Let’s say if tenant one has 10% of active users with respect to total active users of your SaaS application, then you can approximately apportion 10% of your SaaS application’s billing charges to tenant one.
The approach here tries to map number of users/frequency of calls to tenant activity, then infers tenant consumption from it and uses that data to calculate cost per tenant. Sometimes in a given SaaS application as described above the number of users/calls might not precisely correlate to consumption but it might be a reasonable compromise.
You can also use AWS services like AWS Cost and Usage Reports which contain a comprehensive set of cost and usage data to approximate tenant resource consumption. If you tag your resources and activate these user-defined tags through Cost allocation tags under AWS Billing Console then the AWS Cost and Usage Reports will include your tags in the cost and usage reports, then you can group this data by tags and arrive at approximate cost and usage values.
Fine Grained Approach
This approach is about capturing detailed tenant data by using your application and/or AWS services. It starts by introducing metrics instrumentation across the stack of your solution, and collecting consumption metrics of various resources in your architecture. For example, Figure 2 shows how you can use metrics instrumentation infrastructure to collect application microservices consumption metrics and then measure tenant consumption.
Figure 2 – Capturing detailed tenant consumption with metrics instrumentation infrastructure
Here, application code will capture detailed metrics data about how tenants are consuming the service and its related resources. The application code will publish the metric data as an event and you will capture these events using the metrics instrumentation infrastructure made up of the following core AWS services:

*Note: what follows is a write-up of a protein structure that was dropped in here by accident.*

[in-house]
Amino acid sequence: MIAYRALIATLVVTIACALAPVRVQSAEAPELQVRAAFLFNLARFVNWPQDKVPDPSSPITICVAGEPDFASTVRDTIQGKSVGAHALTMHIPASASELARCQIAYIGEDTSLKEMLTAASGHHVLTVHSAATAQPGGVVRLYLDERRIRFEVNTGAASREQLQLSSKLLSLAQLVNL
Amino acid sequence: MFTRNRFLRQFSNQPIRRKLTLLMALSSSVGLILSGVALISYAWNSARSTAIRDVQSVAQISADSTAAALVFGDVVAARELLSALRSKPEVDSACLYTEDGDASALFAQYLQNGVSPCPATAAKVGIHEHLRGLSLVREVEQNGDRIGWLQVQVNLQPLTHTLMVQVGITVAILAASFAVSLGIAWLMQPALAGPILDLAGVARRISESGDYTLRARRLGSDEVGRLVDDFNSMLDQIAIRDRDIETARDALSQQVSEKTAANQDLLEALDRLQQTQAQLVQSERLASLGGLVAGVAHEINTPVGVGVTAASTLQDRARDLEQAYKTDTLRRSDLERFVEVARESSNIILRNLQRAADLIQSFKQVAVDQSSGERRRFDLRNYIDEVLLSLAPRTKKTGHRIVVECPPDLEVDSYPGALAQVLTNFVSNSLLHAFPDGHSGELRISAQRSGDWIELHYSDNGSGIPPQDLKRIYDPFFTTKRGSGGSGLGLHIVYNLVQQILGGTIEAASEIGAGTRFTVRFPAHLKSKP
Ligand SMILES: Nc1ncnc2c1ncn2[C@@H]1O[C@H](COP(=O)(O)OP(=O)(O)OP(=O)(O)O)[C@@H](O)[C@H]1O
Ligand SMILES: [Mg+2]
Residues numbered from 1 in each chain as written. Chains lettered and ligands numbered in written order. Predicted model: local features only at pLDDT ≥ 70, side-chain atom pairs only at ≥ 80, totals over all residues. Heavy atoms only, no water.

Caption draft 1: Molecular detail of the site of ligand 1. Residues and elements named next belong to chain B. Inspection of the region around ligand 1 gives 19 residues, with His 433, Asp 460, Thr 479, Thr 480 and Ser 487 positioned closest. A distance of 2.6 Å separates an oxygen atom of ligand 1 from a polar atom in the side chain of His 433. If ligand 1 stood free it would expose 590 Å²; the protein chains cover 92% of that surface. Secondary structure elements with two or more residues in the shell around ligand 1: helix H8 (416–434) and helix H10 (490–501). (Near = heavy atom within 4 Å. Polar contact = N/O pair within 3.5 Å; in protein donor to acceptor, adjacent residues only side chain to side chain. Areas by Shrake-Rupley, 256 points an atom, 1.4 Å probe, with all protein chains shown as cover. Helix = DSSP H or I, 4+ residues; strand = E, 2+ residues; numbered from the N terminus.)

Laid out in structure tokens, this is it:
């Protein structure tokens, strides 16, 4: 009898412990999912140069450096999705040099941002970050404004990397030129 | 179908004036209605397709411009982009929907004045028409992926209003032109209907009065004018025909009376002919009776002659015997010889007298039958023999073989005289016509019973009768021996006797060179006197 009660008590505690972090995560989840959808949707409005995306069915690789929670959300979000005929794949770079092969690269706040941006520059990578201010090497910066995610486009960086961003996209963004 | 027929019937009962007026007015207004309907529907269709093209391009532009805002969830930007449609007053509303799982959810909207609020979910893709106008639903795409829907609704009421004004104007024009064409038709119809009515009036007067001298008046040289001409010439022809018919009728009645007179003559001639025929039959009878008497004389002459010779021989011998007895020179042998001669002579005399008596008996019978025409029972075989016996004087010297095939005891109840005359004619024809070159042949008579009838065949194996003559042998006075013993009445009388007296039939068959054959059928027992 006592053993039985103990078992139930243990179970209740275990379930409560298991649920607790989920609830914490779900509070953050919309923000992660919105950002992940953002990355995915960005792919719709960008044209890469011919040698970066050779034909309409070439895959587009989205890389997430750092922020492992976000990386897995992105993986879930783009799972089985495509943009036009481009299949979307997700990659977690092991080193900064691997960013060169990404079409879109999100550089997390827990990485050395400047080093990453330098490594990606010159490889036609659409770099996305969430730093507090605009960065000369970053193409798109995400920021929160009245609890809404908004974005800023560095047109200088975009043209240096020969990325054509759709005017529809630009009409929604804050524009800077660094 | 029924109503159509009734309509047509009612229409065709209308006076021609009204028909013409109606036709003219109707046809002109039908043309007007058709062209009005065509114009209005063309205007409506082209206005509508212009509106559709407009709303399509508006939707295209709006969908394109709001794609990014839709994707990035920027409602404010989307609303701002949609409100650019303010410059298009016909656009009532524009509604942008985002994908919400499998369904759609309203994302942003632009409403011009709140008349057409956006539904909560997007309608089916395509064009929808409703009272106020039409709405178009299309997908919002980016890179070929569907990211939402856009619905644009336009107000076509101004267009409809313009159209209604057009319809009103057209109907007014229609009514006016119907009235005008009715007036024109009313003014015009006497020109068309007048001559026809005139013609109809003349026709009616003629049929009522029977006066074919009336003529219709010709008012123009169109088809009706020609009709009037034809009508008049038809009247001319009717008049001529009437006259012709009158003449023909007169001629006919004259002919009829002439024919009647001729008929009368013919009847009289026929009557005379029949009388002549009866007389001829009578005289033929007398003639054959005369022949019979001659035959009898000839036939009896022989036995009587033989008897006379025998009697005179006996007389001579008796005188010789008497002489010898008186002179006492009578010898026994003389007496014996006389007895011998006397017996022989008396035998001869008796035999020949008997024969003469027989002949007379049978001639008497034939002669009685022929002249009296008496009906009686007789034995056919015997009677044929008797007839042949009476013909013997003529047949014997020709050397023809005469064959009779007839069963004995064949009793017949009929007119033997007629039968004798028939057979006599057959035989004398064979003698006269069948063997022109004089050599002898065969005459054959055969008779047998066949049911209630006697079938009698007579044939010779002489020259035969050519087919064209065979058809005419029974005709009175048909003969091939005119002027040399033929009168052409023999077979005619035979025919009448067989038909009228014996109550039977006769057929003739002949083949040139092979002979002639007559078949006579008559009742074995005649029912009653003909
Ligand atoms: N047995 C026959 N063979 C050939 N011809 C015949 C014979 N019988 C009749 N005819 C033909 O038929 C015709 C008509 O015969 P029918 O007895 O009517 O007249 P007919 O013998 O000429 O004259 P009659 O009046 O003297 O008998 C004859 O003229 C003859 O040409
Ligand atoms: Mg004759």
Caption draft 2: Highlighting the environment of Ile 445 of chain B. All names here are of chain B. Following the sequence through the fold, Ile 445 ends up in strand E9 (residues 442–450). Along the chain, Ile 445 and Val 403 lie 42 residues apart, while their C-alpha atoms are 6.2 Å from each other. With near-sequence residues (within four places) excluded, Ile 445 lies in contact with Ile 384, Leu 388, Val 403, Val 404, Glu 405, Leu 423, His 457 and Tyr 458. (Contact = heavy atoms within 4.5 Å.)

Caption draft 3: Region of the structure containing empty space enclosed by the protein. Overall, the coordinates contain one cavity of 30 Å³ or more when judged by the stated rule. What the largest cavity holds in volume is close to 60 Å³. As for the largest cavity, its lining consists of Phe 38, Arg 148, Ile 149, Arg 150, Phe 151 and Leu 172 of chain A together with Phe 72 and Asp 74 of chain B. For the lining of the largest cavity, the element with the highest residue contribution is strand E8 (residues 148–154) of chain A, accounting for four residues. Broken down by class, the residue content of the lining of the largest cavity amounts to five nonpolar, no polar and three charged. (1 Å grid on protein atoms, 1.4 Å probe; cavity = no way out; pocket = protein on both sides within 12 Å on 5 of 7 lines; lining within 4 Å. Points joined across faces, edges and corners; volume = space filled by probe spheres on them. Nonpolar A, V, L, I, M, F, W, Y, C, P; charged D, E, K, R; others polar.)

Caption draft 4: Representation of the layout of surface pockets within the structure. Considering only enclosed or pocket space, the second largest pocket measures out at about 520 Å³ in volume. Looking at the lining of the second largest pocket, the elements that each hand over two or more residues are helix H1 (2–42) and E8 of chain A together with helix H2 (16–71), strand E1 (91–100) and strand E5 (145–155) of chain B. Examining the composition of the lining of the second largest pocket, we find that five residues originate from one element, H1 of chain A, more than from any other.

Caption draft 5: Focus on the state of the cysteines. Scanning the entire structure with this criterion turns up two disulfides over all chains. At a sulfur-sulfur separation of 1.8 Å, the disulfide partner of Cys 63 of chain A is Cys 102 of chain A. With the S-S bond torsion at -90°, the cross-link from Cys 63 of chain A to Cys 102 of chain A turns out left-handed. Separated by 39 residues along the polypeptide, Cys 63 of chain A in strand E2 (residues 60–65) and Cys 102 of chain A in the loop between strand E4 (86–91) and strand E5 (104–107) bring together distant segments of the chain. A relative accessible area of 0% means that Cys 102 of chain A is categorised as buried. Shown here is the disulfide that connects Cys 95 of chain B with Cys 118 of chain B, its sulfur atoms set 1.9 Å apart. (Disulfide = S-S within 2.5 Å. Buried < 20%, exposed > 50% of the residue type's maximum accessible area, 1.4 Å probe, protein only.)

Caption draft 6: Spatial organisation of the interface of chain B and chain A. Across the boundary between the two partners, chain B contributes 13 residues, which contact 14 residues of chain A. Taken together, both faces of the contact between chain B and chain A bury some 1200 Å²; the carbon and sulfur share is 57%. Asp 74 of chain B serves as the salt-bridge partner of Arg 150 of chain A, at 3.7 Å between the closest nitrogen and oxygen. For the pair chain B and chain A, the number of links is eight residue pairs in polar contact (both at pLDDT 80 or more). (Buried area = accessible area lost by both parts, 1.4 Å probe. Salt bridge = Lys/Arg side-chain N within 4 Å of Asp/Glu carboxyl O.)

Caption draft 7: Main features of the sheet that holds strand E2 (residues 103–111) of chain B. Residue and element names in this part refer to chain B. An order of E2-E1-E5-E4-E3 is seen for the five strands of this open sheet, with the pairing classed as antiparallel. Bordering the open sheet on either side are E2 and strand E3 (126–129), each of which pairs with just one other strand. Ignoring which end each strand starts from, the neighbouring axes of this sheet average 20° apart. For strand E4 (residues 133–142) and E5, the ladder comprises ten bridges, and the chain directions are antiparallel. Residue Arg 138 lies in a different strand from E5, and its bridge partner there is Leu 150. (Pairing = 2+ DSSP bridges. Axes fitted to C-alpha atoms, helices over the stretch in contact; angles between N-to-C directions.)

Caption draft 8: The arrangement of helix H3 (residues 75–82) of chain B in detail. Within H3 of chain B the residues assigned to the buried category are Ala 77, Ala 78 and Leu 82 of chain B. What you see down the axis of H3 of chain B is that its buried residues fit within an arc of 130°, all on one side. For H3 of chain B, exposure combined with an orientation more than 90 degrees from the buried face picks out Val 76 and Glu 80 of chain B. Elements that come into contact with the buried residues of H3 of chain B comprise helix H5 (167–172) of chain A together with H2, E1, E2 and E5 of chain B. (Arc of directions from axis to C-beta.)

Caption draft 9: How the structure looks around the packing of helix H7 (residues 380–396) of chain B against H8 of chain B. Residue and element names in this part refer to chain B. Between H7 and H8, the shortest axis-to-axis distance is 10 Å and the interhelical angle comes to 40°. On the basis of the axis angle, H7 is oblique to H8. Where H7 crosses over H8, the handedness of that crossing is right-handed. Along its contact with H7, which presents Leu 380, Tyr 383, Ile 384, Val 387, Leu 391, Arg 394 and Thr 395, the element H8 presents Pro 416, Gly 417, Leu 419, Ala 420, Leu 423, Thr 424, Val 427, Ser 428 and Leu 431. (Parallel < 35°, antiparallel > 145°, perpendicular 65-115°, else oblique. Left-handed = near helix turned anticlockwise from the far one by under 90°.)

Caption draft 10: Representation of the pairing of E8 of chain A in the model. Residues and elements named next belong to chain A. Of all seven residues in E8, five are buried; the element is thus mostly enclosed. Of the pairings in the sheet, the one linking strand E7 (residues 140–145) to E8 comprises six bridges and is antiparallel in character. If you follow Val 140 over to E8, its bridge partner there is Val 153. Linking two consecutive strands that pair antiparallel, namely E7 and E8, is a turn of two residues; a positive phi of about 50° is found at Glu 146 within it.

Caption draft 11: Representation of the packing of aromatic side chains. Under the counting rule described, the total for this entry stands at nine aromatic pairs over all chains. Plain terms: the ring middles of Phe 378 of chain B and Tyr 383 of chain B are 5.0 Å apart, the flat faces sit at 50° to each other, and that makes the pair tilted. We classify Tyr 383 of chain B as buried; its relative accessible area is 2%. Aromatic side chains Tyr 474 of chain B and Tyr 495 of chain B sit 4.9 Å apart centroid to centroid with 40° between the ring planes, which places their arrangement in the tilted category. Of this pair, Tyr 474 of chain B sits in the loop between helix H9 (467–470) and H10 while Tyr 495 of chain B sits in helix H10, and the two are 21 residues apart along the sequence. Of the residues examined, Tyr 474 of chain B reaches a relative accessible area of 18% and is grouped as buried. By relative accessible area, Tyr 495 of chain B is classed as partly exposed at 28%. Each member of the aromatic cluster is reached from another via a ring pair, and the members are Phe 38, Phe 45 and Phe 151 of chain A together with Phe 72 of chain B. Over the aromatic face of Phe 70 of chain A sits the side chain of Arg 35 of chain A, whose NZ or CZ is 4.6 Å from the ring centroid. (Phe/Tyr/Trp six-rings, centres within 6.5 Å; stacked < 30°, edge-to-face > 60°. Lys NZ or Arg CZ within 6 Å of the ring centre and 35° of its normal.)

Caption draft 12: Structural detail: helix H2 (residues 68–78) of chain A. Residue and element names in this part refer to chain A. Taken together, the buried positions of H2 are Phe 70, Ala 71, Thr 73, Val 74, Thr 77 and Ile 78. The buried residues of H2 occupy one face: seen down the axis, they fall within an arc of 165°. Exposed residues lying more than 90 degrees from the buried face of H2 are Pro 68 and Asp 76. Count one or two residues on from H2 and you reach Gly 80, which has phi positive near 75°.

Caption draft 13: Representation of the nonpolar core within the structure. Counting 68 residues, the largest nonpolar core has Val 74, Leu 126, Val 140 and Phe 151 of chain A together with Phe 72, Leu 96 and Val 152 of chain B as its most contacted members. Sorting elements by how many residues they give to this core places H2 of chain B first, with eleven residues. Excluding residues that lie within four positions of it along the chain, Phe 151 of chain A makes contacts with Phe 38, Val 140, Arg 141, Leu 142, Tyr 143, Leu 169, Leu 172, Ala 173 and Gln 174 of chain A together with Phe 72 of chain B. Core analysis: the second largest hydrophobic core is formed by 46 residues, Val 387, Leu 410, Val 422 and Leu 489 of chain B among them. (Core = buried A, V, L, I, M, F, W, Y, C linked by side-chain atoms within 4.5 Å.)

You will then be able to aggregate these published events data and analyze them based on your own modeling strategy to arrive at a distribution of consumption across tenants and then derive cost per tenant.
Based on what best supports your needs, you can use any other tools or technologies to build the metrics instrumentation infrastructure. Refer to this blog to understand on how to build metrics instrumentation infrastructure and capture detailed metrics.
In some cases, you can collect fine grained data by only using data gathered by AWS services like Amazon CloudWatch and AWS X-Ray (rather than using application code). For example, if your application uses Amazon DynamoDB, you can query your Amazon CloudWatch logs to get the list of calls that were made to the database, or use the Amazon DynamoDB API to get the amount of capacity units consumed by each call to an Amazon DynamoDB table.
Finally, use the data to group the metrics by tenant and store this information in your data store of choice. Refer to this blog to better understand on how to implement this approach.
In some cases, due to compliance, regulation or isolation requirements you may need to provision a separate set of resources just for one tenant. Depending on customer requirements, you can provision these silo resources in separate AWS accounts or within a single AWS account and use AWS constructs like Amazon Virtual Private Cloud (Amazon VPC) and Amazon Identity and Access Management (AWS IAM) policies and roles to enforce tenant isolation.
In a scenario of an account per tenant, measuring resource consumption is straightforward. All the resources consumed in that AWS account can be attributed to that tenant. That said, remember that this format does not provide fine grained visibility.
When provisioning silo resources in a single account, you can use AWS tags to tag the resources. Tagging the resources with a unique tenant id will help differentiate between tenant’s data. A potential next step can be using AWS Cost and Usage Reports in that AWS account that will present a breakdown of your costs and usage of resources by tags.
In a pooled component, multiple tenants will share resources. Here, measuring resource consumption by tenant will be challenging, but the strategies we discussed above come handy here. Always pick areas which contribute the most to your AWS bill to measure resource consumption. Then, based on your requirements, use a coarse grained or a fine grained approach to calculate resource consumption.
Based on your SaaS solution’s architecture, it will make sense to choose the dimension of tenant activity that best models tenant resource consumption. For example, for capturing the amount of data stored by each tenant in a database. Here, you can apply the coarse grained approach described above and query the database for the amount of data that belongs to a certain tenant or capture the number of times a tenant has interacted with the database in order to understand the approximate tenant consumption.